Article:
One area that has garnered significant attention with regard to the CPS budget is the more than $2.8 billion in reimbursable pandemic relief funds through the Elementary and Secondary School Emergency Relief Fund (ESSER) program that has been allocated to us by the federal government. We have already used 45 percent of these funds ($1.26 billion) (great measure — how fast can CPS spend - answer - pretty quickly!) to support our school communities during all phases of the pandemic, from remote learning to the return of students to their classrooms with critical health and safety protocols in place (let’s be clear, the CDC has fewer COVID restrictions than CPS which we assume needed those in place to appease the Chicago Teachers Union). In the coming school year, we plan to allocate at least $730 million of the remaining ESSER funds to support academic and SEL programming (yep - there’s that trigger word again for CRT and gender ideology. If you want to know what the kids are learning about gender ideology, please note that the CPS curriculum is based on this organization, The Future of Sex Ed (FoSE), a radical left-wing group) that will allow students in every school to recover and thrive (if you call gender affirming care thriving). The remaining ESSER funds will be invested strategically (of course at the direction of the Chicago Terrorist Union, or CTU) through FY2025 to address the evolving needs of our students and school communities.

I thank the CPS educators, families, and community partners who engaged in our budget planning process by sharing their unique perspectives and priorities. We look forward to receiving additional feedback from our stakeholders at upcoming budget hearings, the details of which can be found at cps.edu/budget.

The past two school years have been fraught with unprecedented challenges, but they have not altered our mission of providing every child from every community in Chicago with a world-class education (*See below)  that will prepare them for success in college, career, and civic life. The investments put forth in the FY2023 budget reaffirm this commitment and further establishes Chicago as a national leader in urban education.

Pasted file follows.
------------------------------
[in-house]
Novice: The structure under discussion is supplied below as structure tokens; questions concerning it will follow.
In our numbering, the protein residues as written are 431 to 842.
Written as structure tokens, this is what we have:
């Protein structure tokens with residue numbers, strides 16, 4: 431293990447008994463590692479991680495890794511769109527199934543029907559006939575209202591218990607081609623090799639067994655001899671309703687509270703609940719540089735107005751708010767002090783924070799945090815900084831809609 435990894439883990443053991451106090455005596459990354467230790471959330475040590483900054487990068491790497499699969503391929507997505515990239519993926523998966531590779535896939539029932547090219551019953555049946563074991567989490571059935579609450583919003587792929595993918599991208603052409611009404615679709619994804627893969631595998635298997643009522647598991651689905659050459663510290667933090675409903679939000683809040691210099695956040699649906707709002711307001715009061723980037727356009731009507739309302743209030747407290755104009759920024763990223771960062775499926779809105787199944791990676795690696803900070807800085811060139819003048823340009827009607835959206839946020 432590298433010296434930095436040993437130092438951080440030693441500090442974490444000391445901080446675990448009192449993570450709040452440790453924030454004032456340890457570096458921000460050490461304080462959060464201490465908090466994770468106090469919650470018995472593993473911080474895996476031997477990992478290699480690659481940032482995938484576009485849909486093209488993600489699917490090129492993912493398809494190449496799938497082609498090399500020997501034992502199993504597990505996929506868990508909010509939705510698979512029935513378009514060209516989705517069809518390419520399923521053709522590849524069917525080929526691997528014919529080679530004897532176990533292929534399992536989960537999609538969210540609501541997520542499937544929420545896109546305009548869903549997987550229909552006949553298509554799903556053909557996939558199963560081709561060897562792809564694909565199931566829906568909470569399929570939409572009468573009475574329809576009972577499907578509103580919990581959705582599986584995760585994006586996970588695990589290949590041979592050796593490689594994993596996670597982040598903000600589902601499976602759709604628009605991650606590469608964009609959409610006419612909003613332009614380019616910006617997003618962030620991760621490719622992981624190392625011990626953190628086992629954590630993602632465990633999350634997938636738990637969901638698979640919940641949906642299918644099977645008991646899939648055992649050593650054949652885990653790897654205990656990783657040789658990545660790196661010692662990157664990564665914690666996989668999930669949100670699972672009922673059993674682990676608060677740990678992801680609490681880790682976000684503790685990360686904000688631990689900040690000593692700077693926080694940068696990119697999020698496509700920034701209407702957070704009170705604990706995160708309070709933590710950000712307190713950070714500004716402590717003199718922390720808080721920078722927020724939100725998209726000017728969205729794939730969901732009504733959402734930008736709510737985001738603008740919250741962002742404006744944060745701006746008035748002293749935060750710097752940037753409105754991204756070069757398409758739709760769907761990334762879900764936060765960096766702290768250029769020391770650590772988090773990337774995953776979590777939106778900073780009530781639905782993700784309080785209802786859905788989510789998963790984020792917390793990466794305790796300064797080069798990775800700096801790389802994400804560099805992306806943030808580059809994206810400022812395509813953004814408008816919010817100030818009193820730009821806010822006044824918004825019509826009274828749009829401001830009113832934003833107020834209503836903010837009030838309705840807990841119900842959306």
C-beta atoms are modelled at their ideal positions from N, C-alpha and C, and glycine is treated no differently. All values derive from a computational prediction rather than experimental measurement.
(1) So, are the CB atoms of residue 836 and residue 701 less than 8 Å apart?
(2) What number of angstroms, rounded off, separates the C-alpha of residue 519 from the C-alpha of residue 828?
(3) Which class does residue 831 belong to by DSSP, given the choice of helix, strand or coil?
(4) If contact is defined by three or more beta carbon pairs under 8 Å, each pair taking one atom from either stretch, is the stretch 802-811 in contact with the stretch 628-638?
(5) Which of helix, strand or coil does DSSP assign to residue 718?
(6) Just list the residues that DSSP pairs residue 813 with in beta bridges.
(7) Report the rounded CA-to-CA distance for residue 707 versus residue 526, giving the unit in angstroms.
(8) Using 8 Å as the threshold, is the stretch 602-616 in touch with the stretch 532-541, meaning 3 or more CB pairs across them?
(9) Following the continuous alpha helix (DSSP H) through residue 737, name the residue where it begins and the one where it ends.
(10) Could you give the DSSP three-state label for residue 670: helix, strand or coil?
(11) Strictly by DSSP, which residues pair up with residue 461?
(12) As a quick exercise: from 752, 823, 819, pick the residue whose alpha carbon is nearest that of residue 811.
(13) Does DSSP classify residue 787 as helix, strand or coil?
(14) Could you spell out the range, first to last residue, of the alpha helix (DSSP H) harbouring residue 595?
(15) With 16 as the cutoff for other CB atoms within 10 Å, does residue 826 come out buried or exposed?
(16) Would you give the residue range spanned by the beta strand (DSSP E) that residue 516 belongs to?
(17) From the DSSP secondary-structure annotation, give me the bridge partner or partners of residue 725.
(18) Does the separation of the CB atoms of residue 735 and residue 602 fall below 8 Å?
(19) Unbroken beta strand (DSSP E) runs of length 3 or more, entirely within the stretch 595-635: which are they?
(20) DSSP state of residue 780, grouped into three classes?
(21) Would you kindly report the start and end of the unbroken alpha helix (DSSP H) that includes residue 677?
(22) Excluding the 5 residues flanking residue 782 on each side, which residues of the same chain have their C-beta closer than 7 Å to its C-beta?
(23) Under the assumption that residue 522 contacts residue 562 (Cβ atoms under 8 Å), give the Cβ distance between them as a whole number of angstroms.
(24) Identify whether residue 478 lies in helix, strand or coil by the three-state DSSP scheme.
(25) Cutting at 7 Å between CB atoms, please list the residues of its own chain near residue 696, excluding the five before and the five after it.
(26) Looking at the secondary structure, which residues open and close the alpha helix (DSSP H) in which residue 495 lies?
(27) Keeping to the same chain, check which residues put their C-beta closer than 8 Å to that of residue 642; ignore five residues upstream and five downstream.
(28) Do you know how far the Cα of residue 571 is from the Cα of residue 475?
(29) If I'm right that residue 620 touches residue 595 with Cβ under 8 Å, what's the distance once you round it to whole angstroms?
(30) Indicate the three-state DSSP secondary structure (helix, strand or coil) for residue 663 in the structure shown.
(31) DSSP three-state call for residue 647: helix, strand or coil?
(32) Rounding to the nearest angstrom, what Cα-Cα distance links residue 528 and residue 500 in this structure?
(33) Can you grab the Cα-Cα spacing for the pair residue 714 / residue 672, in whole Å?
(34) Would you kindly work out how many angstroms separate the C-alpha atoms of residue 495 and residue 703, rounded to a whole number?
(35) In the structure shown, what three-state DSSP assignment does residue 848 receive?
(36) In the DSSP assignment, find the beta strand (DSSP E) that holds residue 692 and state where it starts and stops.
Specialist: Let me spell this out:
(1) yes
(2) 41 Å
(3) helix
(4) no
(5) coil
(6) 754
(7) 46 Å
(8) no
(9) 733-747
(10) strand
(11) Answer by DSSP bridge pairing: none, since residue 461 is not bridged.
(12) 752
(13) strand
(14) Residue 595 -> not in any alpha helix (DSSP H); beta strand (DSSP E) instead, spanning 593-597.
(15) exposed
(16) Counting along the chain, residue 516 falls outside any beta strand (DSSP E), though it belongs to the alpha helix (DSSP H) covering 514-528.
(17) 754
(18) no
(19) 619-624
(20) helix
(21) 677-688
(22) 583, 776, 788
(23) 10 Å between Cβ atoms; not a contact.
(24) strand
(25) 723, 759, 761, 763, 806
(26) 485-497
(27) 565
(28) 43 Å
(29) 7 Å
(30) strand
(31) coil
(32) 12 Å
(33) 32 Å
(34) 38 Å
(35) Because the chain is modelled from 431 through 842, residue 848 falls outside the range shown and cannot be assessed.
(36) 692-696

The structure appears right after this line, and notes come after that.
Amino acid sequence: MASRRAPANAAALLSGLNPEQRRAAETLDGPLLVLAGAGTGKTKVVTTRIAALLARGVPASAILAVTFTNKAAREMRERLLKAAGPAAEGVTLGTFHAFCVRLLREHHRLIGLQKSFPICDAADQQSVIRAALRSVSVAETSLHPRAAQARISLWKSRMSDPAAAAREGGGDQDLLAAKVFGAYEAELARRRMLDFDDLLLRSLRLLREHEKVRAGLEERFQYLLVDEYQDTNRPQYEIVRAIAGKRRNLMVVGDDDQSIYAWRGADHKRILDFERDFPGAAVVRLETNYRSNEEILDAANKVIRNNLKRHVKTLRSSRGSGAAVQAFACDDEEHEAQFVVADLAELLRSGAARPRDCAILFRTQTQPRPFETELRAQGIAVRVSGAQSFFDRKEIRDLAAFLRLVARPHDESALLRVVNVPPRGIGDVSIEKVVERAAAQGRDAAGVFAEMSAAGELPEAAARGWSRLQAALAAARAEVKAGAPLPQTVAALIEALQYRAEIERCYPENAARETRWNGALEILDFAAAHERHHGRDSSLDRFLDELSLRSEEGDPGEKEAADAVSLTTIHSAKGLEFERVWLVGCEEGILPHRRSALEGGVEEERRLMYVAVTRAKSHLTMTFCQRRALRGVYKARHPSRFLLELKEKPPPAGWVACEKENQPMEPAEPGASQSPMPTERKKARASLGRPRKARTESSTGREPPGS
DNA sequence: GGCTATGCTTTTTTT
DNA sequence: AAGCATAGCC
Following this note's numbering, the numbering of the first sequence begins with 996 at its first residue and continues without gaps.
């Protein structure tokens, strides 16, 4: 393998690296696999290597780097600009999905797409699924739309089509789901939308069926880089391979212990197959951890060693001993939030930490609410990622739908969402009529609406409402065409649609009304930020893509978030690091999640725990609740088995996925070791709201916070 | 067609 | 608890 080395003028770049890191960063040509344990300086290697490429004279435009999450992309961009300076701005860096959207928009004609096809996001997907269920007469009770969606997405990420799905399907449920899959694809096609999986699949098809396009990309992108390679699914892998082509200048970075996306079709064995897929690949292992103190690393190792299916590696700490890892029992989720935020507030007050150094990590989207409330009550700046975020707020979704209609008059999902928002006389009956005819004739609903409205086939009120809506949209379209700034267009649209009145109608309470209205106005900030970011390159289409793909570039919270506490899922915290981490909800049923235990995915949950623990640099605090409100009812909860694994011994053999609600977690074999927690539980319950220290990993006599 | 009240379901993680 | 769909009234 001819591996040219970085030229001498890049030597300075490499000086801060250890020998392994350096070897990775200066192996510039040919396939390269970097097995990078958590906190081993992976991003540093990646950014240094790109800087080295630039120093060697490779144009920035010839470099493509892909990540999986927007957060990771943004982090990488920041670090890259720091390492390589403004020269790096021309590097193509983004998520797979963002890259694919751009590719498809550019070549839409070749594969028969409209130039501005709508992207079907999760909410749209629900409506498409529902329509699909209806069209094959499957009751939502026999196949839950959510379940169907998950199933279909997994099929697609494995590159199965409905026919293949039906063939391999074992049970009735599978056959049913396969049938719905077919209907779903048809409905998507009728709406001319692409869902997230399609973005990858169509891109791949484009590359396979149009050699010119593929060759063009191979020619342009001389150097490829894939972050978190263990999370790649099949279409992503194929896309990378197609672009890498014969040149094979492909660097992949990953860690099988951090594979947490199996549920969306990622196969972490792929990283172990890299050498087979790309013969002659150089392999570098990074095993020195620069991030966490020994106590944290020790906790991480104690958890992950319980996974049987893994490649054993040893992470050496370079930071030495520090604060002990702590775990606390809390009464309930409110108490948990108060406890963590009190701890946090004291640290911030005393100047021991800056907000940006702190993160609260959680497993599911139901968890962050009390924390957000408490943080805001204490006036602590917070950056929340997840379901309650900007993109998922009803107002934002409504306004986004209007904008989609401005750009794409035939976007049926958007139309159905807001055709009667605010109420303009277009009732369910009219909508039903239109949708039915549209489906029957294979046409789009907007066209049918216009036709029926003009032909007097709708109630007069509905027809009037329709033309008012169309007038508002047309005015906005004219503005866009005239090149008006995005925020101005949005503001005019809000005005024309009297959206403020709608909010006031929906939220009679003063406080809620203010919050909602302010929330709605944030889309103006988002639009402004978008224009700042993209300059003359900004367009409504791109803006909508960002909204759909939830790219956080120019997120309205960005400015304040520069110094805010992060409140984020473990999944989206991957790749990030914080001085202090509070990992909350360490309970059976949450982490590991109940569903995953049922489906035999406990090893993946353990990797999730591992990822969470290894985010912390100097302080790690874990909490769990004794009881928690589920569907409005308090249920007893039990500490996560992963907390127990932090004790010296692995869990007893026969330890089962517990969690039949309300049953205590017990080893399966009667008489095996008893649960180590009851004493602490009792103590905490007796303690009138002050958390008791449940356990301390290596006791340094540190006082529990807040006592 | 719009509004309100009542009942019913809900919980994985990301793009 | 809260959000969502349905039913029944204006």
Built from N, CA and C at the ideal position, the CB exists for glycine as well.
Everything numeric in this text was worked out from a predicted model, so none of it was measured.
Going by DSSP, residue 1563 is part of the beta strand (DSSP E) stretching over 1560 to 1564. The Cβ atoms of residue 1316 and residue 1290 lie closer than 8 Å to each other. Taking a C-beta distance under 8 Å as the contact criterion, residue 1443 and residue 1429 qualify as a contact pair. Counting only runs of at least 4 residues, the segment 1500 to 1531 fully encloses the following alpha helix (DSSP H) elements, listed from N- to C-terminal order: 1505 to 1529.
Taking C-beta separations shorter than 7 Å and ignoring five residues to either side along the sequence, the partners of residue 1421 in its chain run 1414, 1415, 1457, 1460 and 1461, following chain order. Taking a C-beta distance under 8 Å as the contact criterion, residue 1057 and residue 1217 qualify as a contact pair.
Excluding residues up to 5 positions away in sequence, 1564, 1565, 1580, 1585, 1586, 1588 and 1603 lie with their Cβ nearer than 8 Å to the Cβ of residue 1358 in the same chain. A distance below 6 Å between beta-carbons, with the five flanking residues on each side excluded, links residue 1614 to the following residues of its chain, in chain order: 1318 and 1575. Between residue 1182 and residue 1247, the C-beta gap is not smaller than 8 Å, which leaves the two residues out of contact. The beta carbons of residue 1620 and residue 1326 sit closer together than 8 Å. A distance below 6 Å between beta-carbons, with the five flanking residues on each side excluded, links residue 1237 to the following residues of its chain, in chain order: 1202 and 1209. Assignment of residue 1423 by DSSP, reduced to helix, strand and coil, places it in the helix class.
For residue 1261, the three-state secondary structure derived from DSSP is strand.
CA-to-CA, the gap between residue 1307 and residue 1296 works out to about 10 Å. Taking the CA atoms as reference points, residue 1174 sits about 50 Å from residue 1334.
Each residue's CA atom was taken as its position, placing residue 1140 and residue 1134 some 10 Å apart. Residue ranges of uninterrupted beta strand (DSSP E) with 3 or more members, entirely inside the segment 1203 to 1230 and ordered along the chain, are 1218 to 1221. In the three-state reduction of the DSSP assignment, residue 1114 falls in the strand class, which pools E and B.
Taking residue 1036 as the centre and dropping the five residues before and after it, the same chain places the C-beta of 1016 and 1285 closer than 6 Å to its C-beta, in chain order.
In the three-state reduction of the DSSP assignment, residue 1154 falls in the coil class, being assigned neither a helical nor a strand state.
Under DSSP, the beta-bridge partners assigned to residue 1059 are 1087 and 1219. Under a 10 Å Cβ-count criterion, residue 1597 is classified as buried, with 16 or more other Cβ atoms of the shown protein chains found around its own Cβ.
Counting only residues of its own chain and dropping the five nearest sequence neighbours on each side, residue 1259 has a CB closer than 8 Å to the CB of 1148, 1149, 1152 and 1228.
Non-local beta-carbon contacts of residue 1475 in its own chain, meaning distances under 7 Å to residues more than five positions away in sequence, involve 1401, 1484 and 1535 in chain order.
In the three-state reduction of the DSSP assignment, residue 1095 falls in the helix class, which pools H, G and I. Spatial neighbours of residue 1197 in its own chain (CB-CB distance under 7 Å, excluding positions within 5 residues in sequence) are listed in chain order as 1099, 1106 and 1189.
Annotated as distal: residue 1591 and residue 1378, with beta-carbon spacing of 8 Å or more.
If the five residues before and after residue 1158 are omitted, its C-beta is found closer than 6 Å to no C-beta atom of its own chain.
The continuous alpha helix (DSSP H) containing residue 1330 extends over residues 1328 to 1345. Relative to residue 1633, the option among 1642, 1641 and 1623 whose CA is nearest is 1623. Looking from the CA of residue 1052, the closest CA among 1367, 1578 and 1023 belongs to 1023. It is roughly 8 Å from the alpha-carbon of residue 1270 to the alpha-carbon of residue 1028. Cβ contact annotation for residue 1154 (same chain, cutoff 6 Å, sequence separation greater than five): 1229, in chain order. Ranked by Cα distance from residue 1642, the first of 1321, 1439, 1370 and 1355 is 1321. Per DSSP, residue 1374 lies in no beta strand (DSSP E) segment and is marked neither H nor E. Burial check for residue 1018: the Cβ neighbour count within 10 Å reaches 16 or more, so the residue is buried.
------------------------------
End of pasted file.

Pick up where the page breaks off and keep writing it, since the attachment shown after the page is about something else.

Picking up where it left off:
Pedro Martinez

Chief Executive Officer

Chicago Public Schools

*34 percent of the nation’s 4th graders and 35 percent of the nation’s eighth graders performed at or above “NAEP proficient” levels. (NAEP sets the academic achievement targets and is part of the U.S. government). According to Chalkbeat, however, CPS performs over 50 percent lower, with only 15 percent of Chicago’s 3rd through 8th graders meeting the state’s standards in math and 20 percent meeting the state standards in English and language arts. A fine example of “world class education.” Of course you must put this in context of spending per pupil which nationwide averages $13,185 per year, whereas in Chicago the average spending is $16,418 per student. Put another way, Chicago spends roughly $100K per student per year per each student that actually meets the basic math proficiency requirement.